Tuesday, July 21, 2015

What’s The Next Great Book Invention?

Time magazine had a great issue in its July 6 publication.  It had all kinds of statistics and facts about the world, life, and the things that sometimes consume our thoughts.  One section discussed the invention timeline.  It’s interesting to note certain things, such as these:

The first humans walked upright six million years ago, but seemingly our truly advanced history only begins about 10,000 years ago.  What happened for the other 5.99 million years?

Soap came 4200 years ago but toilet paper is only some 1200 years old.  What did they use before that?

The first university came about in Morocco in 859 AD and gunpowder was invented around the same time in China.

Gutenberg invented the printing press in 1440.  Five and a half centuries after that the world went digital.

In 1826 the first photograph was taken. It wasn't a selfie.

Believe it or not, by 1837 the electric car was invented.  We haven’t advanced much in 200 years!

In 1752 Ben Franklin uncovered the secrets of electricity but it wasn’t until 1879 that Edison developed a decent lightbulb.  The phone was invented in the 1870s, too.

Airplanes came about in 1903 and talking movies came out in 1927.  TV came on in 1925.

We moonwalked in ’69, launched the Internet in ’80, and kicked off social media with Facebook in 2004.  Amazon’s ebook launched with the Kindle in 2007.

So what can be invented that would help advance the distribution, writing, selling, and discussion of books?  If you believe, as I do, that books are the building blocks to society, then you, too, would want to advance the world of books as quickly and effectively as possible.  But we want books to retain their properties while trying to advance their dissemination and usefulness.  We need there to be a way for book creators to earn decent money while at the same time, the reading public has fair and equal access to all of the published books.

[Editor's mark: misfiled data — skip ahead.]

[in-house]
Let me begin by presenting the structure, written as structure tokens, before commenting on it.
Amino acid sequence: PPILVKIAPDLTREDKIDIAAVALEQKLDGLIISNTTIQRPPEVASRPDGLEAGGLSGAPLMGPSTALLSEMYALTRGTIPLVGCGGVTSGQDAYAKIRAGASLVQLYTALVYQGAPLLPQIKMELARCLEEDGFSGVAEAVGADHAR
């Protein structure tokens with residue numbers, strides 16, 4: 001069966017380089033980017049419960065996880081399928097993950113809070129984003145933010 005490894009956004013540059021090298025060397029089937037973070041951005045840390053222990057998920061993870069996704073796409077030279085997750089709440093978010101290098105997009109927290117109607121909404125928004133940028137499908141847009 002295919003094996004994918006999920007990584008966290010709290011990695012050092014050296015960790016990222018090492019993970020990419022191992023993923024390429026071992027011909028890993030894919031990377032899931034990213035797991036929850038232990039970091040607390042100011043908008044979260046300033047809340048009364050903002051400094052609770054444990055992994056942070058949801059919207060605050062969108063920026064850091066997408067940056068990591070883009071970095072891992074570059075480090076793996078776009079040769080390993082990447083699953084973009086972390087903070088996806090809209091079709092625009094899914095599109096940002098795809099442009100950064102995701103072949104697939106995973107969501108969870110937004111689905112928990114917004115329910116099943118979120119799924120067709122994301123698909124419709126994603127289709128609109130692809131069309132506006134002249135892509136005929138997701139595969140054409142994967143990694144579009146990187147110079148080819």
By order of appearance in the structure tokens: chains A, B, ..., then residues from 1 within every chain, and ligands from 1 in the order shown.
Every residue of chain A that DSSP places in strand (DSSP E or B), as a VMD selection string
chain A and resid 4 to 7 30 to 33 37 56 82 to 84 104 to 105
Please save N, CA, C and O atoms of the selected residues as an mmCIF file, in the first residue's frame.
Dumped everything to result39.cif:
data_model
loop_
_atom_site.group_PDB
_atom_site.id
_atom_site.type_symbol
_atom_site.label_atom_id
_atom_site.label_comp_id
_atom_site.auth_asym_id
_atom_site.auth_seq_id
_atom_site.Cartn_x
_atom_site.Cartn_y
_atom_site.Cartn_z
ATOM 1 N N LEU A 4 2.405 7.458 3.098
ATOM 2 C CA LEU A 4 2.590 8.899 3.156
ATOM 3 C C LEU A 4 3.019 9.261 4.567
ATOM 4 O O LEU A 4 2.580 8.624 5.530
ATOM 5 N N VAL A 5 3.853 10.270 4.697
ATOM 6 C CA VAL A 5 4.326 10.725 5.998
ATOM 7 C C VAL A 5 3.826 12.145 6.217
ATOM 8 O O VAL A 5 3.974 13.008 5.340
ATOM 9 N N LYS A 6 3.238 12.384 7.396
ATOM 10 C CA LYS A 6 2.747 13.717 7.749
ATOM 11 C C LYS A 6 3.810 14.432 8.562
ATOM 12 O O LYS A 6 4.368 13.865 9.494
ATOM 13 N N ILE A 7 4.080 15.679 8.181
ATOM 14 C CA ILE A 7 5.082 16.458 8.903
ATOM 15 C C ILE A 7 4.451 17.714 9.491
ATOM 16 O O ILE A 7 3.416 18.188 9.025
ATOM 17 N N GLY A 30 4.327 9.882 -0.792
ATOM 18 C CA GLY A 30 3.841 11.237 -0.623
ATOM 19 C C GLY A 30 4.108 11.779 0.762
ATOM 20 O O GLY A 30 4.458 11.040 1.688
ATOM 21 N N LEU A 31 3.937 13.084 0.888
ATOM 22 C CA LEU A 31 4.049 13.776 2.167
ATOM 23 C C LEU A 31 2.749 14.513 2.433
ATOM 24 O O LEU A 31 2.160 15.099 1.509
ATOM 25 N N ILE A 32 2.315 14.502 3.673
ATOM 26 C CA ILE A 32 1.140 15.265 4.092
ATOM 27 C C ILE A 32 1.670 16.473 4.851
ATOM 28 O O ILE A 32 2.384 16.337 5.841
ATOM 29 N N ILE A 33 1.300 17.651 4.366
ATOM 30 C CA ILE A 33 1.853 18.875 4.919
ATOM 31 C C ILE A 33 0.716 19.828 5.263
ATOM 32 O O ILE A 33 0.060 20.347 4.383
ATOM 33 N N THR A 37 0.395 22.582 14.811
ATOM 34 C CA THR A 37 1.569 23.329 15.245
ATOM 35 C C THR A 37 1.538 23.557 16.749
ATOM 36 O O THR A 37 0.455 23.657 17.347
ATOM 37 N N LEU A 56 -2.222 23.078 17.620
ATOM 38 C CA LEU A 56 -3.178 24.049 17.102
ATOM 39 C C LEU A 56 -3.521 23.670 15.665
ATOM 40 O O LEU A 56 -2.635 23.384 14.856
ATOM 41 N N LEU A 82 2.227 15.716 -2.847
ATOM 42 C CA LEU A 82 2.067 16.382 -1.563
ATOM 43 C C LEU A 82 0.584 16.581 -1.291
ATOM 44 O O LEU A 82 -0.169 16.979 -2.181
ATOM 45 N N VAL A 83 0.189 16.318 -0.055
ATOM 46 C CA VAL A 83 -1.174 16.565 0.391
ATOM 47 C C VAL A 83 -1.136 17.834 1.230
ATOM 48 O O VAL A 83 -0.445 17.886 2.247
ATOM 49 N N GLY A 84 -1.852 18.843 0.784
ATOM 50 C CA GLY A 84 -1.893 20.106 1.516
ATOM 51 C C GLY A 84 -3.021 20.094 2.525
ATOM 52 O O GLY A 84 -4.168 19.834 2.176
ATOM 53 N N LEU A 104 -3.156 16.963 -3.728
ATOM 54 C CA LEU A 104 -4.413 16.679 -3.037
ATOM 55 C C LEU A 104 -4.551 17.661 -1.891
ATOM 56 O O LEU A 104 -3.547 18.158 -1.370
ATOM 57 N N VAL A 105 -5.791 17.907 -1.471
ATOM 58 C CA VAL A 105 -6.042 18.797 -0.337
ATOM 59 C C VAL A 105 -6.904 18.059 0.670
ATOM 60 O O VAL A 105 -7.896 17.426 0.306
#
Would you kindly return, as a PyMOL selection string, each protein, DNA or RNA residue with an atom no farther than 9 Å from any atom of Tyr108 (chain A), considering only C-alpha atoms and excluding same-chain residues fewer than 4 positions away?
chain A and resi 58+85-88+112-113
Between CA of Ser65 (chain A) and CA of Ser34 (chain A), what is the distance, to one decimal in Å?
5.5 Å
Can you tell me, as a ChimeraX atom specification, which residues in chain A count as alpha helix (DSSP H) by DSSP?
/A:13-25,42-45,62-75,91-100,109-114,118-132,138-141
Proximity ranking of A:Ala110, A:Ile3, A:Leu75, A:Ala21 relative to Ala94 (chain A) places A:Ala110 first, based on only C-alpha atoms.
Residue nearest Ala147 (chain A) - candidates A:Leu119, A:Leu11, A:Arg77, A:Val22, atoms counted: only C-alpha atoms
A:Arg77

One day robots might read books for us – and then they’ll have a way to download both the content and the emotional response we’d feel when reading a book and inject that into our brains and bodies.  Perhaps that’s the invention that will be a game-changer to the industry.


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Brian Feinblum’s views, opinions, and ideas expressed in this blog are his alone and not that of his employer. You can follow him on Twitter @theprexpert and email him at brianfeinblum@gmail.com. He feels more important when discussed in the third-person. This is copyrighted by BookMarketingBuzzBlog © 2015

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